Letter From The President Of The New York County Lawyers' Association

2004-12-01 01:00

To The Readers Of The Metropolitan Corporate Counsel:

The New York County Lawyers' Association (NYCLA) stands ready to speak out whenever and wherever we believe reform is needed to foster ethical behavior and to preserve the integrity of the profession. NYCLA is just as ready, and proud, to practice the principles we preach, especially when it comes to accountability and transparency in corporate governance. NYCLA may well be the first local bar association to adopt a Code of Conduct as the culmination of a series of measures to establish the highest possible governance standards. We hope we are not the last. To that end, we urge all not-for-profit organizations, especially bar associations, to follow our example.

Americans are increasingly recognizing the importance of ethical behavior in the corporate world. Recent revelations of corporate malfeasance, and the legislative response to it, have fostered a new sensitivity to the need for prudent and responsible governance. Lamentably, this heightened sensitivity may in some instances be motivated by instincts of fear and self-preservation. But good governance and ethical behavior in business are important ends in themselves: they promote shareholder and consumer confidence that are essential to the health of our free market system. These same values are no less vital in the not-for-profit sphere. Voluntary civic organizations, entrusted with a wide range of charitable and socially beneficial missions, enjoy a special public trust. For these organizations, good governance practices are essential to the preservation of that trust.

Perhaps more so than any other voluntary, not-for-profit organization, a bar association must be especially vigilant in its adherence to good governance policies. It plays a unique role in fulfilling the duty of all lawyers to safeguard the integrity of the legal profession. Bar associations, however, as with all human institutions, are not necessarily immune from conflicts of interest or appearances of impropriety. The genius of a bar association and the reason it can stimulate creative reform are that they bring the bench and bar together in collaborative relationships. Its effectiveness depends upon leaders and directors who will subordinate their own interests to the mission of the Association and the public good.

The Code of Conduct, adopted by NYCLA's Board of Directors on November 8, 2004, establishes fundamental principles with which all directors, officers and employees must comply. It is designed to foster ethical conduct and to eliminate actual and perceived conflicts of interest. The Code defines a conflict as any personal, business, financial or client interest that may affect the objectivity of the individual's discharge of NYCLA responsibilities. Consistent with the notion that sunshine is the best disinfectant, the prevailing rubric is disclosure.This enables the entire Board to make an informed decision as to whether the conflict or apparent conflict requires disqualification. Whether it does or not, at a minimum, the interest is disclosed and its effect on the individual's judgment may be objectively assessed.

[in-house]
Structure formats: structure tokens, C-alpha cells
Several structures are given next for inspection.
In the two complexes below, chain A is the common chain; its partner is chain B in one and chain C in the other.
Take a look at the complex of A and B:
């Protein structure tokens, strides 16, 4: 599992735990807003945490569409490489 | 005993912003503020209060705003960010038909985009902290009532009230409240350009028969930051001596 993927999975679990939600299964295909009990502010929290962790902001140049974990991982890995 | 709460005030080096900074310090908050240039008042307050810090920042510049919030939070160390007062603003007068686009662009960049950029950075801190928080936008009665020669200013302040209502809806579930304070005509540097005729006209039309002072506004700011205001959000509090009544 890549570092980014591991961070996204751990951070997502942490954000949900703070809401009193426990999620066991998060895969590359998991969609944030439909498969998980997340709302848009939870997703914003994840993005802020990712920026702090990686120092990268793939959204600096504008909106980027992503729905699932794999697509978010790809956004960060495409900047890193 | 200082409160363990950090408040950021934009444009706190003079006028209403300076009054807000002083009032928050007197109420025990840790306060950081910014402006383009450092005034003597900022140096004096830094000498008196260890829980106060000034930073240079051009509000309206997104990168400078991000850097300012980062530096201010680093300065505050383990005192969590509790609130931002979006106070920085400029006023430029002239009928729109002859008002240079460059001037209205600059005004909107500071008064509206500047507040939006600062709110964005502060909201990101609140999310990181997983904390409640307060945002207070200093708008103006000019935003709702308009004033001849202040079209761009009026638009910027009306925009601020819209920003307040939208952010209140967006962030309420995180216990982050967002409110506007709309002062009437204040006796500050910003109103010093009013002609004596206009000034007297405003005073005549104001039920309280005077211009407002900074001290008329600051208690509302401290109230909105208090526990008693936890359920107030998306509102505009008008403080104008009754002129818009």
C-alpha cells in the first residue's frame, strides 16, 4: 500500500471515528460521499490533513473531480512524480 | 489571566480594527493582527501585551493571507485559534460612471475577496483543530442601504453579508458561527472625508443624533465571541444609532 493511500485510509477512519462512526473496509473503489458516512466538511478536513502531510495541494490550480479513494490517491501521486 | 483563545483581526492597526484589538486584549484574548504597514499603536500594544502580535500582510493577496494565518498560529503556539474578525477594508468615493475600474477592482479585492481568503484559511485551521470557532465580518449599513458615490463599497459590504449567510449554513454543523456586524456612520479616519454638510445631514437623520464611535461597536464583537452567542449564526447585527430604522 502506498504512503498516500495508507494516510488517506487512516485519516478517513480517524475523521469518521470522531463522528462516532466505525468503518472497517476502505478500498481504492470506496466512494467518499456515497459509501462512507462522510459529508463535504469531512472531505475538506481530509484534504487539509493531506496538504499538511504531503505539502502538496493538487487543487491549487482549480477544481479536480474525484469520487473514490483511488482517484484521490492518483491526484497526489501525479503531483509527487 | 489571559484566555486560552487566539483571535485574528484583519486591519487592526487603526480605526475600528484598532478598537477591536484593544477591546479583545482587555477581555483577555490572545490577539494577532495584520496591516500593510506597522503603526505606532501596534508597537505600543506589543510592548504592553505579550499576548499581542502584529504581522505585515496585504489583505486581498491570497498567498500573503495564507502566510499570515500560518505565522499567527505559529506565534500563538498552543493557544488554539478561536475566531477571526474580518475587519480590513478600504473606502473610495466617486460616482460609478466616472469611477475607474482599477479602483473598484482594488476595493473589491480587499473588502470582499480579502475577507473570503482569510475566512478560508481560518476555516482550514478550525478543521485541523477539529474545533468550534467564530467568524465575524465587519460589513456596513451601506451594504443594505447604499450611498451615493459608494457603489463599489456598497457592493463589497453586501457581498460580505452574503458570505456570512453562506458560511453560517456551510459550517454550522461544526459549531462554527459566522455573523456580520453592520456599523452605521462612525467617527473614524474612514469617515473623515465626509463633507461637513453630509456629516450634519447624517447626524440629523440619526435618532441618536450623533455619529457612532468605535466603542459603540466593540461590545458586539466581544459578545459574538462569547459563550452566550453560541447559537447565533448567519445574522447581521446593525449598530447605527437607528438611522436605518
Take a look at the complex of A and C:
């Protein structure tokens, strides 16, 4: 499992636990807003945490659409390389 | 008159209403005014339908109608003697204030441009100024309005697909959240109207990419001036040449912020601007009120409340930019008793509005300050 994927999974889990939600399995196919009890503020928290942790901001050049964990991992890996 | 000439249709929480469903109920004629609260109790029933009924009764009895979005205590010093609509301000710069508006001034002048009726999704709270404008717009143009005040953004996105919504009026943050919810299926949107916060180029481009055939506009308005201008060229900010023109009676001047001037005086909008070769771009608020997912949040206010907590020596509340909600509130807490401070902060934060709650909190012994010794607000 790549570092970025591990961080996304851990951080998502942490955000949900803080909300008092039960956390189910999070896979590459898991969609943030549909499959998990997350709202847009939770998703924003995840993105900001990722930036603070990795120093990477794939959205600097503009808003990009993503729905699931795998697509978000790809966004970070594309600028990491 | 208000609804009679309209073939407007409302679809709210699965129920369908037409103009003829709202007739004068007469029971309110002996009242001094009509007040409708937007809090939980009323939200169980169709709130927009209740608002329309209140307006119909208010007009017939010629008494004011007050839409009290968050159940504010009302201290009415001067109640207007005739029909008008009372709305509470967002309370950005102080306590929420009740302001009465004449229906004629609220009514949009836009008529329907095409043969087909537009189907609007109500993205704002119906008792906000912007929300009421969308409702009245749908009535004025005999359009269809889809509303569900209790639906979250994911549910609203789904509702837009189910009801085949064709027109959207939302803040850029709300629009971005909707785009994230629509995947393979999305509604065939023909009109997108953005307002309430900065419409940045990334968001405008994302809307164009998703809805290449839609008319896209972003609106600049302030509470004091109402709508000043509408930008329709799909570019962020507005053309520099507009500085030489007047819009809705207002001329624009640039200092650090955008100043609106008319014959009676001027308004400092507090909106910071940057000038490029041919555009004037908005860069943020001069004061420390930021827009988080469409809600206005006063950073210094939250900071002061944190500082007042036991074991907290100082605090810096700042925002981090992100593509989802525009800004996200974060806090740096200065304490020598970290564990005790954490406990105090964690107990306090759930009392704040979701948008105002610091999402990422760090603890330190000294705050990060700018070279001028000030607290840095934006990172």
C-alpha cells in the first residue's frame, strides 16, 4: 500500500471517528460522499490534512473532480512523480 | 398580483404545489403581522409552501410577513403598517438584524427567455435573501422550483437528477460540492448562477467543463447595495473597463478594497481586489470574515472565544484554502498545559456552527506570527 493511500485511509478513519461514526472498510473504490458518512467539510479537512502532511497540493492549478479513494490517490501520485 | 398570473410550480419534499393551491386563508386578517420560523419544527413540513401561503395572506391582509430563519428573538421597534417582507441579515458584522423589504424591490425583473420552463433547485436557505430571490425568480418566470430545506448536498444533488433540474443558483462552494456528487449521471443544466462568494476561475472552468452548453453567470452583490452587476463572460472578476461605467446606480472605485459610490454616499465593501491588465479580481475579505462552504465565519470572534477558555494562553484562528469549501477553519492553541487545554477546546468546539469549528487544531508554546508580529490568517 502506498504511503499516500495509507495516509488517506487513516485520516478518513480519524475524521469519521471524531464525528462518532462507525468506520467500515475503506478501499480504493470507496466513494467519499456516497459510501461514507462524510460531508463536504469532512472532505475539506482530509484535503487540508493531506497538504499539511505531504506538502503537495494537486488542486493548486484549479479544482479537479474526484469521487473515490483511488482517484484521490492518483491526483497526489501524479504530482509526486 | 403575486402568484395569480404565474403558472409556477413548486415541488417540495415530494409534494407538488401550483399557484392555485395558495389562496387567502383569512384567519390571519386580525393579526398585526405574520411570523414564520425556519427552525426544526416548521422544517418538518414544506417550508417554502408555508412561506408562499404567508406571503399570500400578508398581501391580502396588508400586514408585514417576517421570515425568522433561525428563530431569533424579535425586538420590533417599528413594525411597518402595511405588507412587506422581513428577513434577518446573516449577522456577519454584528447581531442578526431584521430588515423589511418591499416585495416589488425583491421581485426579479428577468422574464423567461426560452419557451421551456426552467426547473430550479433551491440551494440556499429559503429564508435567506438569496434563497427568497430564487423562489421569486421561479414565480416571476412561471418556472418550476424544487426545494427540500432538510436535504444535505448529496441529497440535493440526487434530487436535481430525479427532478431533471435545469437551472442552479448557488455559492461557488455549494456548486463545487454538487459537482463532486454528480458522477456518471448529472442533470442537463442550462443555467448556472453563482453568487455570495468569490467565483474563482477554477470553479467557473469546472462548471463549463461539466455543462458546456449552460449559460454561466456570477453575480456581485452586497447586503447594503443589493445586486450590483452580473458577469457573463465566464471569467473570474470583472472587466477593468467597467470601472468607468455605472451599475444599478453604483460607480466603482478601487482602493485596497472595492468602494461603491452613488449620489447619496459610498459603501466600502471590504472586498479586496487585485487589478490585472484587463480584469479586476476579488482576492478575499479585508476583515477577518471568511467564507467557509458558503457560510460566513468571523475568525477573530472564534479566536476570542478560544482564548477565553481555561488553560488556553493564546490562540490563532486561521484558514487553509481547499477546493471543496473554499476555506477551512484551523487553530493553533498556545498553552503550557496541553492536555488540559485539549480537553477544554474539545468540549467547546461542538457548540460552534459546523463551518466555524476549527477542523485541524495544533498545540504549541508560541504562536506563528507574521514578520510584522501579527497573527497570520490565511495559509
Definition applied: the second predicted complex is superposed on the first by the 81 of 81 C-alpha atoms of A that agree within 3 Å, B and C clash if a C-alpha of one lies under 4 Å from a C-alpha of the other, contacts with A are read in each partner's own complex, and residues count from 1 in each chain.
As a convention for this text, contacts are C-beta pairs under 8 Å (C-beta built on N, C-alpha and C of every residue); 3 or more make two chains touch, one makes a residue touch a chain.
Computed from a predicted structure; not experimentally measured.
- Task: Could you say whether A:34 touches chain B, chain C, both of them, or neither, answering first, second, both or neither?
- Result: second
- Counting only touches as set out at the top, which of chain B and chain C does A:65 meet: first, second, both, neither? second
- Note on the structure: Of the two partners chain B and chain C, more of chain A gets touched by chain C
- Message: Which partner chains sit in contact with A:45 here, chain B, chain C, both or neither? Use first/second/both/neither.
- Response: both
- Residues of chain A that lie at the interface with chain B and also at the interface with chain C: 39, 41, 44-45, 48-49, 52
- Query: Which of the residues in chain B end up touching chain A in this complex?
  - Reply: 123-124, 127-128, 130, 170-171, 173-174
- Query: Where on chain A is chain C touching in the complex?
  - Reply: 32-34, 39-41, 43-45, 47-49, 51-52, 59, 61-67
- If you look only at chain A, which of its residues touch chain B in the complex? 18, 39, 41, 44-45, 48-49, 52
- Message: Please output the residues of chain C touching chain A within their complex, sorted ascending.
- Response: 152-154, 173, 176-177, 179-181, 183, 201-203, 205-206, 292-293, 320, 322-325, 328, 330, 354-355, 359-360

The Code also addresses a number of other issues, including the safeguarding of confidential information, the duty of care in the performance of the functions of an officer or director, and the duty of loyalty in the pursuit of the Association's interests. It clearly delineates the obligation to discharge fiduciary obligations to the organization in good faith, with a prudent level of diligence and care, and to do so in a manner that advances the organization's best interests. To insure awareness with the provisions of the Code, all covered individuals are required to sign it, acknowledging agreement to adhere to its terms.

NYCLA's adoption of this Code of Conduct represents the final piece in a panoply of internal controls and other protocols and policies, including an Audit Committee Charter, Investment Committee Protocols and other measures to ensure good governance and best practices. The existence of the Code and the provision for a signed acknowledgment represent effective means by which the Board exercises its oversight function and its responsibility of "setting the tone at the top." It is vital that NYCLA's members, as well as others throughout the legal profession and potential contributors, perceive that these measures are tangible indicia of our commitment to maintaining the highest standards of integrity and stewardship.

Sincerely,

Norman Reimer